Thank you so much for this very important question. Believe it or not, I have extreme personal experience with this one. I was raised vegetarian from age 10 and turned strict vegan on my own at the age of 20. Being vegetarian and vegan were extreme ethical decisions for me. I was a member of LEAP ( league of environmental and animal protection) for my high school’s chapter (LEAP was the late 80’s version of PETA-). 

I turned vegetarian the summer of 1984.  I had always been extremely sensitive and never liked the idea of meat and where it came from. Due to my family and my upbringing, I was also a child who felt overwhelmed by food and my fear of fat.  That summer, in camp, my counselor Betsy was a vegetarian.

 I didn’t know any strict vegetarians back then. It seemed exotic and cool and I really admired Betsy. She ate the mashed potatoes off the top of the Shepherd’s Pie,  dined on salads and carrot sticks while the rest of us were chowing down on bug juice and Kosher hot dogs, and chewed on apples while the rest of us ate ice cream and brownies.
Betsy was quiet and kind and seemed almost ethereal, like you could see through her. These were all things I admired and wanted to be. I wanted to float through life without necessarily having to solidly be in life. Looking back it was probably a combination of my fear of being noticed coupled with my fear of not being noticed. I thought that if I didn’t eat meat anymore, I could embody Betsy. I would be sweet, kind, sort of float through space and time and I wouldn’t have to worry about choosing what foods to eat because my choices would be inherently limited. It seemed like a win-win situation.
So that August, when I came home from summer camp, I announced to my mother that I wanted to be a vegetarian.  As you might know from previous posts, my mother was extremely restrictive with our food, and she was absolutely thrilled by this.  She was already in a spiritual lifestyle (back then they called it “new age,”) and this fit perfectly for her. She was able to keep both our diets “clean,” and embody the life that she thought she should have.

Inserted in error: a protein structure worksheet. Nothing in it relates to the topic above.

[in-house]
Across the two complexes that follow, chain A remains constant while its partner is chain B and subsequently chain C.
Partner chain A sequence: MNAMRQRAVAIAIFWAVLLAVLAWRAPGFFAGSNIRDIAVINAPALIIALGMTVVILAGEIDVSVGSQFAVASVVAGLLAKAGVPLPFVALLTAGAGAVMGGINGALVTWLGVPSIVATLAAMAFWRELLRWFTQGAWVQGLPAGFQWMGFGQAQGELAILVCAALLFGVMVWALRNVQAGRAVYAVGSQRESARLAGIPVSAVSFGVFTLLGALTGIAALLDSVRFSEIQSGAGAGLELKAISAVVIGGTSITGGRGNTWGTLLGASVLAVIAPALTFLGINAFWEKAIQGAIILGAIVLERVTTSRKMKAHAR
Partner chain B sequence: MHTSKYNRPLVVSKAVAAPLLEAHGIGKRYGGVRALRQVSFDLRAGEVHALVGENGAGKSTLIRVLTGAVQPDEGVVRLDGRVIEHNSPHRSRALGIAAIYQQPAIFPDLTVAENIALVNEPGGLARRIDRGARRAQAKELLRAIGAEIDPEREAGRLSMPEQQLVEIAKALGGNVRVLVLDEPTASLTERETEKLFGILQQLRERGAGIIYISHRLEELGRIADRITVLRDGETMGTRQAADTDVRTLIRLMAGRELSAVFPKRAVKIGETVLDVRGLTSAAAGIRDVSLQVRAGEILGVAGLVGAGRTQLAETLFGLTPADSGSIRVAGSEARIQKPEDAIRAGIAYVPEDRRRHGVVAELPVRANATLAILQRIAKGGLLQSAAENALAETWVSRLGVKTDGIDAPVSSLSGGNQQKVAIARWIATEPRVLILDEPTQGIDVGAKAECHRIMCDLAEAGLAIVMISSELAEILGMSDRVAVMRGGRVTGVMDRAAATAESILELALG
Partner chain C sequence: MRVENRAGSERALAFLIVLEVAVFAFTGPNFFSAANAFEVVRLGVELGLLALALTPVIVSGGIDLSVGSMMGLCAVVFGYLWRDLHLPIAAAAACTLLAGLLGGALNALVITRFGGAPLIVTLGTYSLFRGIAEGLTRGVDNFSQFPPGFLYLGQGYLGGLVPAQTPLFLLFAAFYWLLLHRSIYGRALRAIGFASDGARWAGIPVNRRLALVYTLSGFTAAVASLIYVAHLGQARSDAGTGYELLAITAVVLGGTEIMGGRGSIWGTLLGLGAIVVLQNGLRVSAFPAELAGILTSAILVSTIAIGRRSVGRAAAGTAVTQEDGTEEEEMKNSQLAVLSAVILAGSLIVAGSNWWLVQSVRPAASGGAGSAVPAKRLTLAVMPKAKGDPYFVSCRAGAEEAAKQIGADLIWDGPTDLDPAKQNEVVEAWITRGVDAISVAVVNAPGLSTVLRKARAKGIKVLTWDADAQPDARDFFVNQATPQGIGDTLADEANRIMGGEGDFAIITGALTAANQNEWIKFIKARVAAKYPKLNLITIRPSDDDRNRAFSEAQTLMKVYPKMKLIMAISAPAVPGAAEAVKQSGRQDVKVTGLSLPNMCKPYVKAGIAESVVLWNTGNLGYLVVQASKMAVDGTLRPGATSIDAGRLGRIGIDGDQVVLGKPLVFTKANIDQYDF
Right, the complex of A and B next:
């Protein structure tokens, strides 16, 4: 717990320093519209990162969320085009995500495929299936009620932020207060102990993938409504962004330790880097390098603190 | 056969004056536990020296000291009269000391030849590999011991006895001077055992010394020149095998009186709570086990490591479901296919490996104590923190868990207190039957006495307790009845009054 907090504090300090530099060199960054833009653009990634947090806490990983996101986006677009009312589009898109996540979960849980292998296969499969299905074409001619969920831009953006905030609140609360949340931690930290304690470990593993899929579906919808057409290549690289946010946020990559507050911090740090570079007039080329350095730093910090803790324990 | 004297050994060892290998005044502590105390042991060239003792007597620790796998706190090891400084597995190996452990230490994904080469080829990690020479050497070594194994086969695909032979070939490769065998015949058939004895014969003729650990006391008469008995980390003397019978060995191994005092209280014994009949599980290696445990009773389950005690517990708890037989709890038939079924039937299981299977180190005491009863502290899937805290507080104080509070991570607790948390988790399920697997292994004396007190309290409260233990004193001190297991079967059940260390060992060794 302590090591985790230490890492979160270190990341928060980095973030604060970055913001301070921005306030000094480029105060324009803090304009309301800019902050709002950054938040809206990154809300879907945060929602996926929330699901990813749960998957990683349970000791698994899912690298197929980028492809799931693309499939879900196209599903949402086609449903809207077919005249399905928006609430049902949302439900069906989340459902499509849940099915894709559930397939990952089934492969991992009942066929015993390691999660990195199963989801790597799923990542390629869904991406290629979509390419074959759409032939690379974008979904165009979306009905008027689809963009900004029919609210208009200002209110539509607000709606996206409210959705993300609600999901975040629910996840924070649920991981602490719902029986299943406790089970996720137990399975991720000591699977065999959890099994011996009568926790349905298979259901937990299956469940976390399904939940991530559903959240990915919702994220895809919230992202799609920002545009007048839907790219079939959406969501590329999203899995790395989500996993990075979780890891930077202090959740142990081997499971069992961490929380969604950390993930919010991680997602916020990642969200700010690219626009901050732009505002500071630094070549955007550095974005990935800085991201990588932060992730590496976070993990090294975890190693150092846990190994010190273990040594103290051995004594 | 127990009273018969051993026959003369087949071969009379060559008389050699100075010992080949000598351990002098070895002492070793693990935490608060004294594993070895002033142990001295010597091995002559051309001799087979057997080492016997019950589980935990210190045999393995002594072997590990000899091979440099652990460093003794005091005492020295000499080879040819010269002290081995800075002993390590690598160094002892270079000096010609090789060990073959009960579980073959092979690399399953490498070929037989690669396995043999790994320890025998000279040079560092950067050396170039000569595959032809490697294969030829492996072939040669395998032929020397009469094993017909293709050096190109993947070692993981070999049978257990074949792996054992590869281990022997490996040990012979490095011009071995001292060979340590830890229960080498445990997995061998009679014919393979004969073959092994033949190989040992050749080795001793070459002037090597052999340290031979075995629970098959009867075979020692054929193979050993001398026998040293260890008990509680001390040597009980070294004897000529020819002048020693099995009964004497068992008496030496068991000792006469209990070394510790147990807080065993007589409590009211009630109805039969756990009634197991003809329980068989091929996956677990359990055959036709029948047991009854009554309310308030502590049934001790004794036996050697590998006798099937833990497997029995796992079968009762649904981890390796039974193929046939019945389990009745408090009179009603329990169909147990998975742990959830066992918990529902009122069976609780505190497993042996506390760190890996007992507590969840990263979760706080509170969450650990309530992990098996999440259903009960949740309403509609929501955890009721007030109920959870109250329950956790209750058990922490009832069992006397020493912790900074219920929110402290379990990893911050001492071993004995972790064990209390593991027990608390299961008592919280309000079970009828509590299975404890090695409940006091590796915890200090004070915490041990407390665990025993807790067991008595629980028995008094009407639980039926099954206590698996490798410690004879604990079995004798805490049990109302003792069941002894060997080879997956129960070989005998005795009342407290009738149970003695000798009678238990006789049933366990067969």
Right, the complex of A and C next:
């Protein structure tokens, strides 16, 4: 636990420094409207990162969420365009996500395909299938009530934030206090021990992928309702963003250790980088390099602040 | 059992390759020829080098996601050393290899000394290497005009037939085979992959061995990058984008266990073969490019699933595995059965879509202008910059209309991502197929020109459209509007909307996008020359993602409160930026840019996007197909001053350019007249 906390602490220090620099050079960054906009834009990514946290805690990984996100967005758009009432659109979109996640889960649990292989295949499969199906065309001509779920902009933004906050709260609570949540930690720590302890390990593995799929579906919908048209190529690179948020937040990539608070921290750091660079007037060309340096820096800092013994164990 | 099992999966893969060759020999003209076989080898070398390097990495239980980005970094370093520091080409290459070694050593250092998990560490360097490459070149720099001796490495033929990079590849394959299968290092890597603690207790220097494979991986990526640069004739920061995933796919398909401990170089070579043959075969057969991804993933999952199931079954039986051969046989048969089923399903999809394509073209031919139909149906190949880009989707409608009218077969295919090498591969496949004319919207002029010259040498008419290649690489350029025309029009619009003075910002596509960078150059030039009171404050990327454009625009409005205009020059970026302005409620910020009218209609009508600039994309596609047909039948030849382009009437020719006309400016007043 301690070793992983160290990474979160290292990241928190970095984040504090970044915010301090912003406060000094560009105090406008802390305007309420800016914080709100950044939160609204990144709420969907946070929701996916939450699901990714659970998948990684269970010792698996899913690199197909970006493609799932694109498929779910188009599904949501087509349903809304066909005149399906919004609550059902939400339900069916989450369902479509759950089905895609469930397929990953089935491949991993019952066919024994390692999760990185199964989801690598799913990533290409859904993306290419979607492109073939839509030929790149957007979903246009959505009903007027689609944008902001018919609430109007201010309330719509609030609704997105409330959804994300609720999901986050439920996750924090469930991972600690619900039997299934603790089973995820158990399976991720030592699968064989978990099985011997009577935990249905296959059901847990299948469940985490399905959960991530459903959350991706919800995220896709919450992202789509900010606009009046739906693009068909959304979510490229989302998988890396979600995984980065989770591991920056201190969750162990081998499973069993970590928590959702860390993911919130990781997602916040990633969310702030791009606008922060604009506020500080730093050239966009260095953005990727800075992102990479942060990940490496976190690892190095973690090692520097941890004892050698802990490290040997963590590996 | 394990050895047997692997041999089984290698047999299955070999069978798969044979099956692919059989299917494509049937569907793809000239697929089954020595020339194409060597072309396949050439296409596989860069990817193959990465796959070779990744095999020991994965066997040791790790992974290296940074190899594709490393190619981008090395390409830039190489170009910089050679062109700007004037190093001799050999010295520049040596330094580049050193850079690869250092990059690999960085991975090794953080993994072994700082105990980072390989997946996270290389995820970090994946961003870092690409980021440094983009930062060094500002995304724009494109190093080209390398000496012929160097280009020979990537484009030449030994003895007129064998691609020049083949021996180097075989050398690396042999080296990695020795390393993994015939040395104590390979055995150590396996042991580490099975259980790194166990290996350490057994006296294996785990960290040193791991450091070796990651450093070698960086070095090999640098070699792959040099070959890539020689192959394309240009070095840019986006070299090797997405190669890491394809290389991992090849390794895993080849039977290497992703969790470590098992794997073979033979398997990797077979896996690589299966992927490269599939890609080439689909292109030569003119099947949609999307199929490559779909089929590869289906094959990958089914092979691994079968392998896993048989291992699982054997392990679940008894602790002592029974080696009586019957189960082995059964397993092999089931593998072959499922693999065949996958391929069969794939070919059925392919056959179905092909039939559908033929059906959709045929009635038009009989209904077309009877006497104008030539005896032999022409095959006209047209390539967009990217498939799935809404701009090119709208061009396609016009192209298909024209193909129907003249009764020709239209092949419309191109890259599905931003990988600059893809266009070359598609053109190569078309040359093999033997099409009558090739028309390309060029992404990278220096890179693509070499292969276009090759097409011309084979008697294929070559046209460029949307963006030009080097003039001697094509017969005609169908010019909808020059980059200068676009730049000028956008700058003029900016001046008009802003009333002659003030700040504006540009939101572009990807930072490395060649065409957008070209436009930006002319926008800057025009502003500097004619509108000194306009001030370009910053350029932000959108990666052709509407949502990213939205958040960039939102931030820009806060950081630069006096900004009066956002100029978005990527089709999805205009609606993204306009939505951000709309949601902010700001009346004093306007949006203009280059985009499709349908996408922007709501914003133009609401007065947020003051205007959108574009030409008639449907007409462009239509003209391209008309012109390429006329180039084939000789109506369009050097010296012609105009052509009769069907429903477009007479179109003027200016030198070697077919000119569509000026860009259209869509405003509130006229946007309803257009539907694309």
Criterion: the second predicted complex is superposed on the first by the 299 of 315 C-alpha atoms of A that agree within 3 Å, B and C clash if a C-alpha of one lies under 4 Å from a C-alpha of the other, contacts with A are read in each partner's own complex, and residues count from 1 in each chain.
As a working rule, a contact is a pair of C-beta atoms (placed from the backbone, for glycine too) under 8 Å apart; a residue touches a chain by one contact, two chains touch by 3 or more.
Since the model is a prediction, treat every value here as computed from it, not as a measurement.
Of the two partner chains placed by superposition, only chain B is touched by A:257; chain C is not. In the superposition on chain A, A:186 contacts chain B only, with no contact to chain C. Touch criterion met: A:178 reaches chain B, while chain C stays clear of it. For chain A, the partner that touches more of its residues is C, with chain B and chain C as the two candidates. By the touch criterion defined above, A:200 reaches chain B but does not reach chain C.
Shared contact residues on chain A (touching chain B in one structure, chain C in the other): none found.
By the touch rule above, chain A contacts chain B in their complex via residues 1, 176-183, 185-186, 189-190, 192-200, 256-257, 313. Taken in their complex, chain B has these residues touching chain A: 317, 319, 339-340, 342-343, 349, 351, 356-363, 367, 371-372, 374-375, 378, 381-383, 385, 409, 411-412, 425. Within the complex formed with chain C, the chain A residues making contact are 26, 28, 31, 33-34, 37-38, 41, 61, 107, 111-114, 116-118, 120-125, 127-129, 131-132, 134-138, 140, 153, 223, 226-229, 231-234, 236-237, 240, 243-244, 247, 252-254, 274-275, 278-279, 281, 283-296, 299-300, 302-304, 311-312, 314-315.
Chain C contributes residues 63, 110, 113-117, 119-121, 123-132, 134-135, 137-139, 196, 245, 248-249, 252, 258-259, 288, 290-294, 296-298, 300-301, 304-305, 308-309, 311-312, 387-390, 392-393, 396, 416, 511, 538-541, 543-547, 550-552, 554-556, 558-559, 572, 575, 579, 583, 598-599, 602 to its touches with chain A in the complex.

When I was 28, my mother was seemingly the “healthiest” person I knew. Her diet was soooooo clean. For the past twenty years, all I’d ever saw her eat was brown rice, tofu, steamed squash, raw vegetables, fruit, mineral water, quinoa, kale (before kale was what kale is now, it was impossible to find back then, we had to travel to a health food store 40 miles away)…. you get my point.  She never drank alcohol, never smoked, never did drugs… her apartment was meticulous, she was perfect… neat, clean, meditated daily, did yoga like the Maharishi (She’d been doing it since the 1960’s).   In her early 40’s, she was diagnosed with a rare autoimmune disease called PBC (Primary Biliary Cirrhosis) where the bile ducts destroyed her liver. She died super young (54 years old). And when she was dying, she told me that she thought maybe I should try eating meat. She said “what if I was wrong about all this?  I want you to try it…”  

And then my mother died. And I was left depressed and with this ethical dilemma. I hadn’t touched meat or eggs for almost 20 years and hadn’t touched dairy for more than eight years. I had principals.  Being a strict vegan also felt like my identity. I didn’t know what or who I was without my veganism. I know that it might seem strange, but for those of us with eating disorders (and maybe you can relate to this), so much of our identity is tied up in the way we eat or with our eating disorder, or with our body size. But my mother had made a deathbed wish to me (she also asked me to let my hair grow long, but that’s a different story for another post)… 
A few months into my Mom’s death, I was sitting out by the river thinking about what she said.  At that moment, a fish jumped out of the water. Literally jumped. It felt like a sign. I mean, fish don’t jump out of the Hudson River everyday.   I felt like that fish was saying “it’s okay.” Perhaps I was looking for signs. As we know, when you are looking, you will find.